[Centred ST 0967 2820] CAMP [G.T.] (1) King's Castle, Castle Hill, Wiveliscombe, an earthwork occupying nearly all the hill, much mutilated and defaced by quarrying on a large scale. Except for the central area, which is arable land, the remainder is considerably wooded. There was probably an inner rampart originally, several feet in height above the central area; below this a considerable scarp followed by a ditch and bank and a second scarp below.
Much-weathered human bones were found in 1914, lying on the rampart slopes and ditch by the late C.A. Lovegrove - (Somerset
County Mus. Acc. No. A704-6) and also at another time a red sandstone spindle whorl was found while ploughing (illustrated)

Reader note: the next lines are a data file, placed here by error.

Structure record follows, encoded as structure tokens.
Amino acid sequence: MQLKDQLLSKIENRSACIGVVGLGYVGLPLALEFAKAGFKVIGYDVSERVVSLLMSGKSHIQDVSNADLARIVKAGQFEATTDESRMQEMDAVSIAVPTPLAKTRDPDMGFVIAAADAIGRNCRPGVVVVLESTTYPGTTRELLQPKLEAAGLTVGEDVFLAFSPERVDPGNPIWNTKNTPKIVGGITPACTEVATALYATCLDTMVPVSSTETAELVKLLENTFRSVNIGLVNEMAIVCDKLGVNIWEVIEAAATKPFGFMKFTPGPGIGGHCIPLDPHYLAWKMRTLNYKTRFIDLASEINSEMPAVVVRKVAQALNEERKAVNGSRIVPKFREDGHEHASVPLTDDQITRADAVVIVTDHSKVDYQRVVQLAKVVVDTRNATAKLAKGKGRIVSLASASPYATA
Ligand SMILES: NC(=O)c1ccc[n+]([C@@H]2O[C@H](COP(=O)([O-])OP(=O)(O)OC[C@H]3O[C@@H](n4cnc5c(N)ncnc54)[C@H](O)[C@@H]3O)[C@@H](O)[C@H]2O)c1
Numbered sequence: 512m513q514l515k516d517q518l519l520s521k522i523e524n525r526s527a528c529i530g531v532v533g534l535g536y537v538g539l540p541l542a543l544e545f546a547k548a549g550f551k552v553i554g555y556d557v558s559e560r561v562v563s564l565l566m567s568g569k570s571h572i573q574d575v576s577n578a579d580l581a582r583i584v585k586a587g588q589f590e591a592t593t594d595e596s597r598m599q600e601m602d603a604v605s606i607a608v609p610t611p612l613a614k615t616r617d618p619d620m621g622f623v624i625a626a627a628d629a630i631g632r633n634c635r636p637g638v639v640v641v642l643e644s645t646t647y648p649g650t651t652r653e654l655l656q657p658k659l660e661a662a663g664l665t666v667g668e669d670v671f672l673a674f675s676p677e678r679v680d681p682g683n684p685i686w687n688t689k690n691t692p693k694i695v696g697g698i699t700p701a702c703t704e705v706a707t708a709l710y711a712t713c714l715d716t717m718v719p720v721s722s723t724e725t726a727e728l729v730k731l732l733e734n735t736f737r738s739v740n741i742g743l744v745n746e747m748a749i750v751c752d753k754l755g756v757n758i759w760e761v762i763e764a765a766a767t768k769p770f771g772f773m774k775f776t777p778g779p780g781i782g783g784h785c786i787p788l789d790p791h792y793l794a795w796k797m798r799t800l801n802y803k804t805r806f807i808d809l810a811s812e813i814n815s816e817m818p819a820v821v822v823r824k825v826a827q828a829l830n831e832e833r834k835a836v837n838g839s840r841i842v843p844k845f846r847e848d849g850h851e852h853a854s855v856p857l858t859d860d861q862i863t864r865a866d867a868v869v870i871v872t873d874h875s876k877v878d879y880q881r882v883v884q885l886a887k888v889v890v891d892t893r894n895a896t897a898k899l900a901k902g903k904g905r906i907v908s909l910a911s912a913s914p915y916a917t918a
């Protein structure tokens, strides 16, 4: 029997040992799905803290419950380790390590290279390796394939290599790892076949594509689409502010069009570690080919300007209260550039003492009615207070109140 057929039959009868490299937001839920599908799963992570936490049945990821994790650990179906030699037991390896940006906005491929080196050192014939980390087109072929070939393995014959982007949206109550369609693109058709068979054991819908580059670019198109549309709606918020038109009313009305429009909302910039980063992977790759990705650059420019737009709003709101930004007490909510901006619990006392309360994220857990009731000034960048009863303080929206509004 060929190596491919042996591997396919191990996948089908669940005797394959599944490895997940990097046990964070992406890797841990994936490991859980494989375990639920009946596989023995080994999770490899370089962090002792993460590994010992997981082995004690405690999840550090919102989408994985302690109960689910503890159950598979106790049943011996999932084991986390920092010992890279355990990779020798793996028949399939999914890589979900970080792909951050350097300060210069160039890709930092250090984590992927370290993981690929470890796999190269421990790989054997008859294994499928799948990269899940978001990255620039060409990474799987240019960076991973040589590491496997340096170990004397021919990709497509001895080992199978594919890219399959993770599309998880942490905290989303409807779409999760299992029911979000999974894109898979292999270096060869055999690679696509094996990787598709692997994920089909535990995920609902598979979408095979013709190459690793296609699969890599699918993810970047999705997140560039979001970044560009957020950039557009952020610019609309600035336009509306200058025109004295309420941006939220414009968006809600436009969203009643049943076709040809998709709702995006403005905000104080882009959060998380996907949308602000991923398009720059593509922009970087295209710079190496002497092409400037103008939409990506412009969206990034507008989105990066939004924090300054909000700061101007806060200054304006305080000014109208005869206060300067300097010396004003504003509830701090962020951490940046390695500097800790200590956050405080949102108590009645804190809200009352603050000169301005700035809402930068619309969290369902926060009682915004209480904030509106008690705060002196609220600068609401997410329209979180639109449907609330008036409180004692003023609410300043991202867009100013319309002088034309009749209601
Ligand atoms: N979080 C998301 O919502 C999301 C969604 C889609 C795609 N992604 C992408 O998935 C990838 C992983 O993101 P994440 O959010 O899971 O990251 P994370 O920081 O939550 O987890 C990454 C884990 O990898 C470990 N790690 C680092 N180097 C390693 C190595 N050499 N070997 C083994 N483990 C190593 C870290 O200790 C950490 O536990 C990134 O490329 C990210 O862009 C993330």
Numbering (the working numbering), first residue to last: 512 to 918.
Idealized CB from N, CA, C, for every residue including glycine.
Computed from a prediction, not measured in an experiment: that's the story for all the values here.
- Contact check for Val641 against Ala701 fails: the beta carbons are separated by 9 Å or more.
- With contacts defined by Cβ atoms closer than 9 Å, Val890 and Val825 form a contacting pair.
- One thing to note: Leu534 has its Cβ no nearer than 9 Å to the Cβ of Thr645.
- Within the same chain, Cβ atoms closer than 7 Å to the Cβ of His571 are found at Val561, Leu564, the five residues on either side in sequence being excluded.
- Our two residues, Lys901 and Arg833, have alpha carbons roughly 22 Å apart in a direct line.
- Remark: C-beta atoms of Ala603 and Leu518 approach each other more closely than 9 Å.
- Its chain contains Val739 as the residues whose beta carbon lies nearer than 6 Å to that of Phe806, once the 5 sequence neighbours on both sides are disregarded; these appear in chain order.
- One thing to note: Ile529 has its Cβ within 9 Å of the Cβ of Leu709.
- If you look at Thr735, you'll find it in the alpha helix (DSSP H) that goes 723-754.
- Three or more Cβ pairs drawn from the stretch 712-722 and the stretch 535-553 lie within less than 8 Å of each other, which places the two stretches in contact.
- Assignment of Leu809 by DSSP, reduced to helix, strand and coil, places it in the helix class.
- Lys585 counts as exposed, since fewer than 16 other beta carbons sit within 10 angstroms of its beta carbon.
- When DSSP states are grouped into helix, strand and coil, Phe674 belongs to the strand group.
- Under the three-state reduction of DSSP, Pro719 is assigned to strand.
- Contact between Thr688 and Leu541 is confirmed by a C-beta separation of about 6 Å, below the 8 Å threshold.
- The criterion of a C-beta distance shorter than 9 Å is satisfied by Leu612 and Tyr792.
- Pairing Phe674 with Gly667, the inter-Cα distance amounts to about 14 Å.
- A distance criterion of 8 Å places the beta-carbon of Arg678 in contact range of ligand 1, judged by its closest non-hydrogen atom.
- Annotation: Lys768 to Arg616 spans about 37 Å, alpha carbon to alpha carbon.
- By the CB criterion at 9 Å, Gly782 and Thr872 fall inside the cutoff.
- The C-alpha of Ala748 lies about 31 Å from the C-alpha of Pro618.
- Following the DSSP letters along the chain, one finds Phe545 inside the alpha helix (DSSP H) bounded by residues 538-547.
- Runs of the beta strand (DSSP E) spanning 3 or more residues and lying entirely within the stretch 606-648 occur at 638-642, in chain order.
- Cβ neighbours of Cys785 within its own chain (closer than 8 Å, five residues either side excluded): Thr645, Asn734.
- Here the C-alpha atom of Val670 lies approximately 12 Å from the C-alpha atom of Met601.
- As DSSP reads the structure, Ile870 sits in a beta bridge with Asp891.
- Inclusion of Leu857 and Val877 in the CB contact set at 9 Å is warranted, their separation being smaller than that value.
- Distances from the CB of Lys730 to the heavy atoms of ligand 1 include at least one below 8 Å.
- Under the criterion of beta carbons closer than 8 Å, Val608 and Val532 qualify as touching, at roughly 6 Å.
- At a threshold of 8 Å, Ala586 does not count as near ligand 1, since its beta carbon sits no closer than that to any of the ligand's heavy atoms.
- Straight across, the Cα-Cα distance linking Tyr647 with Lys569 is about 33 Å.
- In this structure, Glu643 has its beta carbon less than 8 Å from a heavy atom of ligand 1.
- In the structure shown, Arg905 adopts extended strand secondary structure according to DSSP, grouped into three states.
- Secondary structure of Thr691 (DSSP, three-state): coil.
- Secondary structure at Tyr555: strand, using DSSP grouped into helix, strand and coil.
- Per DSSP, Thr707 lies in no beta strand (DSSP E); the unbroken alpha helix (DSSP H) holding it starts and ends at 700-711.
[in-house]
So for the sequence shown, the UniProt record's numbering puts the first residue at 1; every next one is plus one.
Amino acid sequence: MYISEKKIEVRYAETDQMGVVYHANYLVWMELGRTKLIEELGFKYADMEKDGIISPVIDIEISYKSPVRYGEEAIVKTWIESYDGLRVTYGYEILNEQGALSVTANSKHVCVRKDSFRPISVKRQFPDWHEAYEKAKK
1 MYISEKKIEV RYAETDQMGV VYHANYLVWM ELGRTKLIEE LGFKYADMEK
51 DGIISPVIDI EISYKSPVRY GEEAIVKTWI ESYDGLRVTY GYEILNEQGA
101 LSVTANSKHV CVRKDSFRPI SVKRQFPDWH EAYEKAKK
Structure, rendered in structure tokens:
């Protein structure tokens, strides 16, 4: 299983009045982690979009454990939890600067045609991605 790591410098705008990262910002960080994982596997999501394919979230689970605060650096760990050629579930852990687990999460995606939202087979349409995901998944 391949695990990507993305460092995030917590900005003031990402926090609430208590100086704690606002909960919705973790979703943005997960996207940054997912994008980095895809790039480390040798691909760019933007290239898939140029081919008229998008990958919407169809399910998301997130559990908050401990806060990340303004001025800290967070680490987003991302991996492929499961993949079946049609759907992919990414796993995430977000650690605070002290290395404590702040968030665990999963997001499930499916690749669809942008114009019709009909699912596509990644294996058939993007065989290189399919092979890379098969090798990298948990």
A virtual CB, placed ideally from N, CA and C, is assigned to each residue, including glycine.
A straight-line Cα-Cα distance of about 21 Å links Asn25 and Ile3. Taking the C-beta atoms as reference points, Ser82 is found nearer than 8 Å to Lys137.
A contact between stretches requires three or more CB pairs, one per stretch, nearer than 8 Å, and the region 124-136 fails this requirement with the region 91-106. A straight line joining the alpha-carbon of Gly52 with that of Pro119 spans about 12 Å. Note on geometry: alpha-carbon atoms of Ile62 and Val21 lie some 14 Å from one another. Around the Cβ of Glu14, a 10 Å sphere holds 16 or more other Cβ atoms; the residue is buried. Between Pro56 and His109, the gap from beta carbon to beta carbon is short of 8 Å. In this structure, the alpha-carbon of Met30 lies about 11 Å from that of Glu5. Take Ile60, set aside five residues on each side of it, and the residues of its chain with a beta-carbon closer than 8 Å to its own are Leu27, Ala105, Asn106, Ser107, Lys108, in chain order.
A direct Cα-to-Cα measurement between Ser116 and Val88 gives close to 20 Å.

(2) [For plan see Illustrations Card] Multivallate Hill fort (4). (2-4)
This appears to be a univallate hillfort. Only at the southern end have the defences, a rampart with outer ditch and counter
scarp bank - survived major mutilation by quarrying. Here there is a well preserved staggered entrance.
Re-surveyed at 1:2500 Many Neolithic flints, including arrowheads, borers, scrapers, cores, blades, and a knife; were found on the surface of the hillfort in 1950 and 1952 by W.A. Seaby. They are in Taunton Museum. (5)
ST 097 282. Castle Hill, Wiveliscombe. Listed in gazetteer as a multivallate hillfort covering 4.0ha. (6)
The scheduled monument record describes King's Castle as a 'defended enclosure' - a much rarer creature than the similar age Hill Forts. It's much smaller and may have only been occupied by a single family. (that'd be the King's then). Today the area is wooded and is managed as a nature reserve by the Somerset Wildlife Trust. A stone that stood at its foot is now at Wells Museum.